Summerland hurt by stagnant growth

Summerland suffers from an identity crisis and has suffered from nearly 20 years of stagnant growth.

Dear Editor:

How would you imagine Summerland in 20 years?

What kind of community would you identify Summerland as being? What brought you to Summerland and what keeps you here?

Turn back the clock 20 years and ask the same questions. They were as relevant then as they are today.

Why? Because Summerland suffers from an identity crisis and has suffered from nearly 20 years of stagnant growth.

I moved to Summerland with my family in 1979 and at that time and through the 1980s we identified Summerland as a mainly retirement community, but with a vibrant, growing tourism component, strong downtown business environment and a longstanding history in agriculture.

The community was thriving and growing and beginning to attract a growing younger demographic.

The population in 1979 was just under 7,000 and growing at a healthy but sustainable rate.

In the early 1990s, the district’s growth rate was projected to have a population of 20,000 around the year 2010.

Twenty years of 0.5 per cent growth hit and we are at approximately 11,700 today.

The community has only grown by 700 residents since 1996.

We cannot blame this on global or regional changes to economy, as many of our Okanagan neighbours have flourished, during the same period.

Many residents have moved to Summerland to enjoy the small town feel and security, etc.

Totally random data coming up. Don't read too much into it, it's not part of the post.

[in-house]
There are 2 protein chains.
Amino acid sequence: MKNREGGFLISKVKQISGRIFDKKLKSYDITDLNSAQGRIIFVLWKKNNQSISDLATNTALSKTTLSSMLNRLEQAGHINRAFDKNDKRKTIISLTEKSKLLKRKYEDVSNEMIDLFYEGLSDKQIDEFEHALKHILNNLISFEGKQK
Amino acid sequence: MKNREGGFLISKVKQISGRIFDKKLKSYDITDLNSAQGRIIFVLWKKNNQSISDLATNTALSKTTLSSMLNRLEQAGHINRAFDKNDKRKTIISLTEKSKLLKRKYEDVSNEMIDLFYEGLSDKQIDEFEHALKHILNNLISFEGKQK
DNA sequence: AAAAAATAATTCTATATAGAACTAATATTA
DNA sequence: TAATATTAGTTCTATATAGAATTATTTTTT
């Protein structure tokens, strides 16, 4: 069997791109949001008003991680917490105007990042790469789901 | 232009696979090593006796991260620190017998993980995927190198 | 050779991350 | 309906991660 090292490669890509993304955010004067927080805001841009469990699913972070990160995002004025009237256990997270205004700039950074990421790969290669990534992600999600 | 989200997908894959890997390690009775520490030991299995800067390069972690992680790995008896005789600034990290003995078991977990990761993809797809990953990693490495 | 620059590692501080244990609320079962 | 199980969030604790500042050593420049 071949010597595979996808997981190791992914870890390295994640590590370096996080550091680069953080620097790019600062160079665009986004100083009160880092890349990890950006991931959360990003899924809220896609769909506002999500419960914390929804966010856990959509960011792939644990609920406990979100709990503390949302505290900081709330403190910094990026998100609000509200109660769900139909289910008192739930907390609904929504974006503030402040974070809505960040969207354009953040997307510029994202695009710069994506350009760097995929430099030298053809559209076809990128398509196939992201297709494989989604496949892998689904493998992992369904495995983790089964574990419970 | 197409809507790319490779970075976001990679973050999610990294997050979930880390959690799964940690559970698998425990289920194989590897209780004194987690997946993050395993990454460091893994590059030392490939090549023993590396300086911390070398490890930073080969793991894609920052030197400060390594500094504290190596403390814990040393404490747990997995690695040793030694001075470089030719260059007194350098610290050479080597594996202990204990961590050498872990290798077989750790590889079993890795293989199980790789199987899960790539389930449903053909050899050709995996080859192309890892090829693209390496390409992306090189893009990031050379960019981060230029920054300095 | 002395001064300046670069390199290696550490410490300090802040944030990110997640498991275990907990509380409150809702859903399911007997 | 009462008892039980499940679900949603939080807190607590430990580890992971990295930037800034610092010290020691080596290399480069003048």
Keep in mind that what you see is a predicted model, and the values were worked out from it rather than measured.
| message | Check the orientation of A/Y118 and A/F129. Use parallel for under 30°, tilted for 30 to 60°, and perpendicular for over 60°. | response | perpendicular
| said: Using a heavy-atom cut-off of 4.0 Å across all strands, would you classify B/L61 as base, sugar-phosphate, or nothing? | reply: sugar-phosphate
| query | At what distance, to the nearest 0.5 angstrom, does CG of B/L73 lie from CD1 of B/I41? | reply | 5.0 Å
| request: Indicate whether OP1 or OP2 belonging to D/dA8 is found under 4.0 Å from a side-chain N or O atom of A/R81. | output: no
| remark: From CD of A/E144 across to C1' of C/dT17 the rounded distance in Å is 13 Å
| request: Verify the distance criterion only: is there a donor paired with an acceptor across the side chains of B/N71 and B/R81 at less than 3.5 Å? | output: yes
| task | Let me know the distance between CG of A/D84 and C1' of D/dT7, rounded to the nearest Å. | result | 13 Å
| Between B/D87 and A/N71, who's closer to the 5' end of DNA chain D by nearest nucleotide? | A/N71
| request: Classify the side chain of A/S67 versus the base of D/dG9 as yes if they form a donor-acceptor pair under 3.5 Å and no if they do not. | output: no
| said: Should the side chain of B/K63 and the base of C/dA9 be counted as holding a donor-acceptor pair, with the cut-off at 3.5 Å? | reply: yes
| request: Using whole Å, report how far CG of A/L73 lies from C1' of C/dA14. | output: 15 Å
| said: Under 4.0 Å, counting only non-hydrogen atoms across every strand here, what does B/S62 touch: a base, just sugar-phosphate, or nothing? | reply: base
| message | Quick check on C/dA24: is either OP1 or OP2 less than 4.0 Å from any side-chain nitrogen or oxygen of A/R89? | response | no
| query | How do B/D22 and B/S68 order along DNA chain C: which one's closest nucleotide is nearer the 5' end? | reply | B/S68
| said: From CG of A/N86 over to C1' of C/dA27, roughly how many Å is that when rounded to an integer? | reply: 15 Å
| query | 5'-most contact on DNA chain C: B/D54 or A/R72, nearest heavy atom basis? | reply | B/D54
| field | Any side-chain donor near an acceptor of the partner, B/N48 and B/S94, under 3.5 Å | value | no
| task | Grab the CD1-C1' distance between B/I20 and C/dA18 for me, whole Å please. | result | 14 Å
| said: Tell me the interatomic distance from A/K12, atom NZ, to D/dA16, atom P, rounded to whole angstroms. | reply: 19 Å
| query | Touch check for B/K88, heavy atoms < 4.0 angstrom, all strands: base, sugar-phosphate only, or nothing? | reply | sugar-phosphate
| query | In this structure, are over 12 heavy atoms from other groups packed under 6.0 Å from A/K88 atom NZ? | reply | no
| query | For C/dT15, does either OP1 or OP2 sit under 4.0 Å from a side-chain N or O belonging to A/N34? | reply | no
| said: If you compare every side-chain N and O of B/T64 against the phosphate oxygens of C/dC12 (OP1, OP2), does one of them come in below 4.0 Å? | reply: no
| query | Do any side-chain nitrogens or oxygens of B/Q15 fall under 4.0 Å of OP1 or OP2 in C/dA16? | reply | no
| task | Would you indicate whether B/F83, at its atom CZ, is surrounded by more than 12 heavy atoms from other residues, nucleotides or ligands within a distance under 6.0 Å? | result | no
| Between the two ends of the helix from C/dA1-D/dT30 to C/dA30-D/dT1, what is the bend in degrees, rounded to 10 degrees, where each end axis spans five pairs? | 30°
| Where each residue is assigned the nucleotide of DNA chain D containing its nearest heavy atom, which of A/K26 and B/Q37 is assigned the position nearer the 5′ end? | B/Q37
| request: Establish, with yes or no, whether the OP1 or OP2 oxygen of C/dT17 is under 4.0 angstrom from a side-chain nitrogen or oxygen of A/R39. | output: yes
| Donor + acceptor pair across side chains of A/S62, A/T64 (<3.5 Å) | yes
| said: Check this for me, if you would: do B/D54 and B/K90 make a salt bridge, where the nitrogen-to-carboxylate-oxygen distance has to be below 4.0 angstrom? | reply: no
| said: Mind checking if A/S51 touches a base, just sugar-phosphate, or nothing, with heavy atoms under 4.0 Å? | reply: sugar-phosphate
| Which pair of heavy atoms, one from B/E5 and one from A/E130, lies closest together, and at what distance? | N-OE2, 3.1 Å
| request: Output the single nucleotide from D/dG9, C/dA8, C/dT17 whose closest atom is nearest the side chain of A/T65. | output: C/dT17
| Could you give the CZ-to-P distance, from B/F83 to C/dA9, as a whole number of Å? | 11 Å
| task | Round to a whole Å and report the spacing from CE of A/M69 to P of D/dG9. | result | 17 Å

Many would suggest that they like to keep it this way, however stagnant growth is not acceptable for a community to thrive.

Yes, this is a retirement community and always will predominantly be that way, which is good too, but we also need to attract families, professionals, business, etc. to allow the town to flourish and be sustainable for years to come.

It appears that many candidates running for council and residents alike are making the “land swap” the main issue during the election.

The issue really is the lack of direction and progress regarding Summerland.

As for the land swap, I have seen and heard opponents of this speak out and say this is not where the growth should be, but towards the hills.

Less than 10 years ago, those same voices spoke out against development on the hillsides and said we should in fill and have smart growth near the town core, where the infrastructure exists. So to those people, which is it?

Apparently you just want no growth. Well you seem to have got that for the past 20 years and it is getting us nowhere.

The land in question is adjacent to existing infrastructure for lower cost of development, allowing for well planned, long term growth.

As for the good agriculture land, take a look around. It has been mainly vacant for 30 years.

So with the civic elections only days away, keep this in mind when you vote, do you want Summerland to stay exactly the same or to actually grow and flourish for generations to come?

Some of our candidates do not want any change.

Darren McWatters

Summerland